... produces nigericin. ed.-in-chief, George M. Garrity (2012). Bergey's manual of systematic bacteriology ...
... such as nigericin or monensin or by inhibiting the V-ATPase that generates the H+ gradient with compounds such as bafilomycin ... nigericin or monensin). In platelets it has been suggested that SERCA3 inhibition with tBHQ can also abrogate NAADP-dependent ...
Prize for his master thesis "Formation of oligomers of ion transporters by Nigericin". 1993 - Award: cover of the journal ...
The antibiotics geldanamycin, hygromycin B, nigericin, validamycin, and cyclothiazomycin are found in S. hygroscopicus. ...
... nigericin, tunicamycin and colchicine". Biochimica et Biophysica Acta. 883 (2): 326-34. doi:10.1016/0304-4165(86)90325-9. PMID ...
... nigericin and maitotoxin, liposomes, urban particulate matter, and most notably, crystallized endogenous molecules. Cholesterol ...
... nigericin, monensin, A23187 and lasalocid A". Biochimica et Biophysica Acta. 938 (2): 125-30. doi:10.1016/0005-2736(88)90151-4 ... Nigericin (K+, H+, Pb2+) Nonactin (ammonium ionophore I) Salinomycin (K+) Tetronasin Valinomycin (potassium ionophore I) ...
Bulychev, A. A.; Vredenberg, W. J. (1976). "Effect of ionophores A-23187 and nigericin on the light induced redistribution of ...
It has also been noted that glycine transport is inhibited by a protonophore, FCCP, or valinomycin plus nigericin, indicating ...
... nigericin MeSH D03.383.312.649 --- nitrofurans MeSH D03.383.312.649.200 --- 5-amino-3-((5-nitro-2-furyl)vinyl)-1,2,4-oxadiazole ... nigericin MeSH D03.383.663.705 --- pyran copolymer MeSH D03.383.663.718 --- pyrones MeSH D03.383.679.149 --- amiloride MeSH ...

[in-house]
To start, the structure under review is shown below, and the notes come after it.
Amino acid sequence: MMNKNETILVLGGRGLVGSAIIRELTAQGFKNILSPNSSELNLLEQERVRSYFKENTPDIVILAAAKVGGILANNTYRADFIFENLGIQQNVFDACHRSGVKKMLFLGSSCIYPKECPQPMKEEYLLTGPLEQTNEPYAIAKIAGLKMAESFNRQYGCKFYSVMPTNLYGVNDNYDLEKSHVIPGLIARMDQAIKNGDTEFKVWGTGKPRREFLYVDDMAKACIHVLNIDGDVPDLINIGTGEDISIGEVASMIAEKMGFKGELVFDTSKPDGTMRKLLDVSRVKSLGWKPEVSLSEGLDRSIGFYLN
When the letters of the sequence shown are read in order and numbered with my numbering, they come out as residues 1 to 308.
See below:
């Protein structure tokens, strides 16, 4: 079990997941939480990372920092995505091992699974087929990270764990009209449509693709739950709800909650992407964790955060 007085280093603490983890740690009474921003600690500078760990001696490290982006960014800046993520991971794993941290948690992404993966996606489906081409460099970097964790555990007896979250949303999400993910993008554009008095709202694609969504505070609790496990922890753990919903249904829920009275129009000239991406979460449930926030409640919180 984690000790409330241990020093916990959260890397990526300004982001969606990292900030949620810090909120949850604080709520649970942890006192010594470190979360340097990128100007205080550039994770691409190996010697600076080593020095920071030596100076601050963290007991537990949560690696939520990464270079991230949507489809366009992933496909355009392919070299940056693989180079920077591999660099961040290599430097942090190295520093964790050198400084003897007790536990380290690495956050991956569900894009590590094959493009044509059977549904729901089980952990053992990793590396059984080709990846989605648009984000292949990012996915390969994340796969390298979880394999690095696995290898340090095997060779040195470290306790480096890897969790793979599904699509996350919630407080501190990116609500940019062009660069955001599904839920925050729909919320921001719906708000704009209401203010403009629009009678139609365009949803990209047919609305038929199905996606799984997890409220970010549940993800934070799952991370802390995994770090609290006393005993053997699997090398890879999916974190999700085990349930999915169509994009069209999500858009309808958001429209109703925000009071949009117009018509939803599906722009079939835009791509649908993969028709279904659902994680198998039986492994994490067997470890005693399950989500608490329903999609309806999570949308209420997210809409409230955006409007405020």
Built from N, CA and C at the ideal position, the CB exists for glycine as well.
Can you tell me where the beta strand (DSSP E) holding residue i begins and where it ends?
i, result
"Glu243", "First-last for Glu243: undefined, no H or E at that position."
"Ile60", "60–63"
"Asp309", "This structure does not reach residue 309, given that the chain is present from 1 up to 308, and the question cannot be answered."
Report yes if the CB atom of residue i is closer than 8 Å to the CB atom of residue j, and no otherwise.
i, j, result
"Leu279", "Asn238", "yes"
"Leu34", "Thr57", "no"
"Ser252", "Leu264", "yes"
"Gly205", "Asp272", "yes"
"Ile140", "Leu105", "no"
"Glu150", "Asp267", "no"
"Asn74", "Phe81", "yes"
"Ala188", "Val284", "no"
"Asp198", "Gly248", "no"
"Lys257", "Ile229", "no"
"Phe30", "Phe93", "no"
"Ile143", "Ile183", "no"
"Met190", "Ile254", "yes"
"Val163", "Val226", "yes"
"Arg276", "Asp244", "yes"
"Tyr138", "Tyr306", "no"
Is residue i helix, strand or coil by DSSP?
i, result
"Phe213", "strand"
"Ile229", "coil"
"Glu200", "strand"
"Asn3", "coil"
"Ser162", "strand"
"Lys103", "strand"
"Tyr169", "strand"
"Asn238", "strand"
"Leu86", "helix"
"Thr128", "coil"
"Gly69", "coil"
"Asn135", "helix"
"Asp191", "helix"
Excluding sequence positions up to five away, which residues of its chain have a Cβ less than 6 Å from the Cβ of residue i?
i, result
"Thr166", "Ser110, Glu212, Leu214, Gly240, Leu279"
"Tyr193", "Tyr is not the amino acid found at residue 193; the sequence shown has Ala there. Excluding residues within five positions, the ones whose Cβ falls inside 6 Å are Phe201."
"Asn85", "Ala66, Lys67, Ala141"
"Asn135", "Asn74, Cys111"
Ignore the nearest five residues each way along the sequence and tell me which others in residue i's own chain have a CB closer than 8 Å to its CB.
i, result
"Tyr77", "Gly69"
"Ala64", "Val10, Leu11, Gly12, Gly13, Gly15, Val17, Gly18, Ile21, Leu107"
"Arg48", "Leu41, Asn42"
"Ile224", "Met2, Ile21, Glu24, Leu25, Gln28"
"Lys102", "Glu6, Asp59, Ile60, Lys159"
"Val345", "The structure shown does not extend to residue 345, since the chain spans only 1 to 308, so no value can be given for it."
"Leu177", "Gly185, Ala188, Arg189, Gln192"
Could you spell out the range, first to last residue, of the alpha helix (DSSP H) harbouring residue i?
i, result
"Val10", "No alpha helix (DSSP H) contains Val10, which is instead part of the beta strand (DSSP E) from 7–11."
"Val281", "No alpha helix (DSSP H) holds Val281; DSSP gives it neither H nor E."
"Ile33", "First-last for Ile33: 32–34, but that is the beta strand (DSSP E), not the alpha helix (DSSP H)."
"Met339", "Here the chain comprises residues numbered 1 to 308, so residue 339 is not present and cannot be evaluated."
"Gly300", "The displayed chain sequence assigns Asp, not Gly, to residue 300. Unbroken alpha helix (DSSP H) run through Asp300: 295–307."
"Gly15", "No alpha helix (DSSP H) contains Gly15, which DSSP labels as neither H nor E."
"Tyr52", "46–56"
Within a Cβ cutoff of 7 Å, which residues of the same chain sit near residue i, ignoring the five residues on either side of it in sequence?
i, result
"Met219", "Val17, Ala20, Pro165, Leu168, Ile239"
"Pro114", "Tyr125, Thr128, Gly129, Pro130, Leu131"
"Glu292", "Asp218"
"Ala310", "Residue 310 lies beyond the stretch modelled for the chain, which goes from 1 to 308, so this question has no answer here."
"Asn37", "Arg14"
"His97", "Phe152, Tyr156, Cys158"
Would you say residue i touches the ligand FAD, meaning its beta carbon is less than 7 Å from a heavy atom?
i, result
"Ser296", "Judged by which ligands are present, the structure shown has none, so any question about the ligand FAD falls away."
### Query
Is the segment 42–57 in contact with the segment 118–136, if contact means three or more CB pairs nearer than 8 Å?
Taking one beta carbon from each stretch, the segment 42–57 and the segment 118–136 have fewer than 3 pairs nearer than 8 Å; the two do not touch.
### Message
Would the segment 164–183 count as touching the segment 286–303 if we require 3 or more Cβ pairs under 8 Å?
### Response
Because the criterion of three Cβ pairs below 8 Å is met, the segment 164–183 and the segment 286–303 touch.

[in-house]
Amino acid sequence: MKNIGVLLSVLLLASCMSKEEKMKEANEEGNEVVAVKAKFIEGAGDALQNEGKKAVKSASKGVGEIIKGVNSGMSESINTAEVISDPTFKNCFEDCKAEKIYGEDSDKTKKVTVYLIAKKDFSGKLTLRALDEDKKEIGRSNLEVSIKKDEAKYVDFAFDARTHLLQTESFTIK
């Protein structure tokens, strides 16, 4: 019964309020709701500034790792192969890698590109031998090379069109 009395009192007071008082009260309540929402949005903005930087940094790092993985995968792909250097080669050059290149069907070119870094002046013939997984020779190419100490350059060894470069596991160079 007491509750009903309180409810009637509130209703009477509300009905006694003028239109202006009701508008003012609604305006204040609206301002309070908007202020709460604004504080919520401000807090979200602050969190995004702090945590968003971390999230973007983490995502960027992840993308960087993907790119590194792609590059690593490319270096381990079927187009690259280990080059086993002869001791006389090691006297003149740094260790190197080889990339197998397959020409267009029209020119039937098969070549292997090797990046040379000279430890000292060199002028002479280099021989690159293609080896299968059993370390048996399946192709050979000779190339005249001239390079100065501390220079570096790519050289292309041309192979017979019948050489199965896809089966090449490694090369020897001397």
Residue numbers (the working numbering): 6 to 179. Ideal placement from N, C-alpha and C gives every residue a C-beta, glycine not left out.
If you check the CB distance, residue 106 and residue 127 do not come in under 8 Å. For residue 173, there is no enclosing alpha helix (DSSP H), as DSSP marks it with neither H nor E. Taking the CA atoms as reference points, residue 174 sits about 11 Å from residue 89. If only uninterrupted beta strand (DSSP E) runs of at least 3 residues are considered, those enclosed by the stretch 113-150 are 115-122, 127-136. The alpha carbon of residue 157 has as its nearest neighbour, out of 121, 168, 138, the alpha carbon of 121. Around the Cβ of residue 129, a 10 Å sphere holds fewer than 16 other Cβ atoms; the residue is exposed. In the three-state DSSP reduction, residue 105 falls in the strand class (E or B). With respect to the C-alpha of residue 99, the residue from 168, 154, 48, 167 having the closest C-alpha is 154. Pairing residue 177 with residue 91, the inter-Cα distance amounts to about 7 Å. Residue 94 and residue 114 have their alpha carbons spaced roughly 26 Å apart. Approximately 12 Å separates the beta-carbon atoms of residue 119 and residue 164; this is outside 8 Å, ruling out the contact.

Shinkai employs this devices in actual ion transport mimicking the biochemical action of monensin and nigericin: in a biphasic ...
Family 2.B.1 The Valinomycin Carrier Family 2.B.2 The Monensin Family 2.B.3 The Nigericin Family 2.B.4 The Macrotetrolide ...
... such as The Nigericin (Nigericin) Family The Ionomycin (Ionomycin) Family 2.C: Ion-gradient-driven energizers 3.A: P-P-bond- ...
... but is thought to be due to its action as a potassium ionophore due to the detection of nigericin in the same compound screen. ...
... acts as an H+, K+, Pb2+ ionophore. Most commonly it is an antiporter of H+ and K+. In the past nigericin was used as ... Nigericin is an antibiotic derived from Streptomyces hygroscopicus. Its isolation was described in the 1950s, and in 1968 the ... The structure and properties of nigericin are similar to the antibiotic monensin. Commercially it is obtained as a byproduct, ... Steinrauf LK, Pinkerton M, Chamberlin JW (1968). "The structure of nigericin". Biochem. Biophys. Res. Commun. 33 (1): 29-31. ...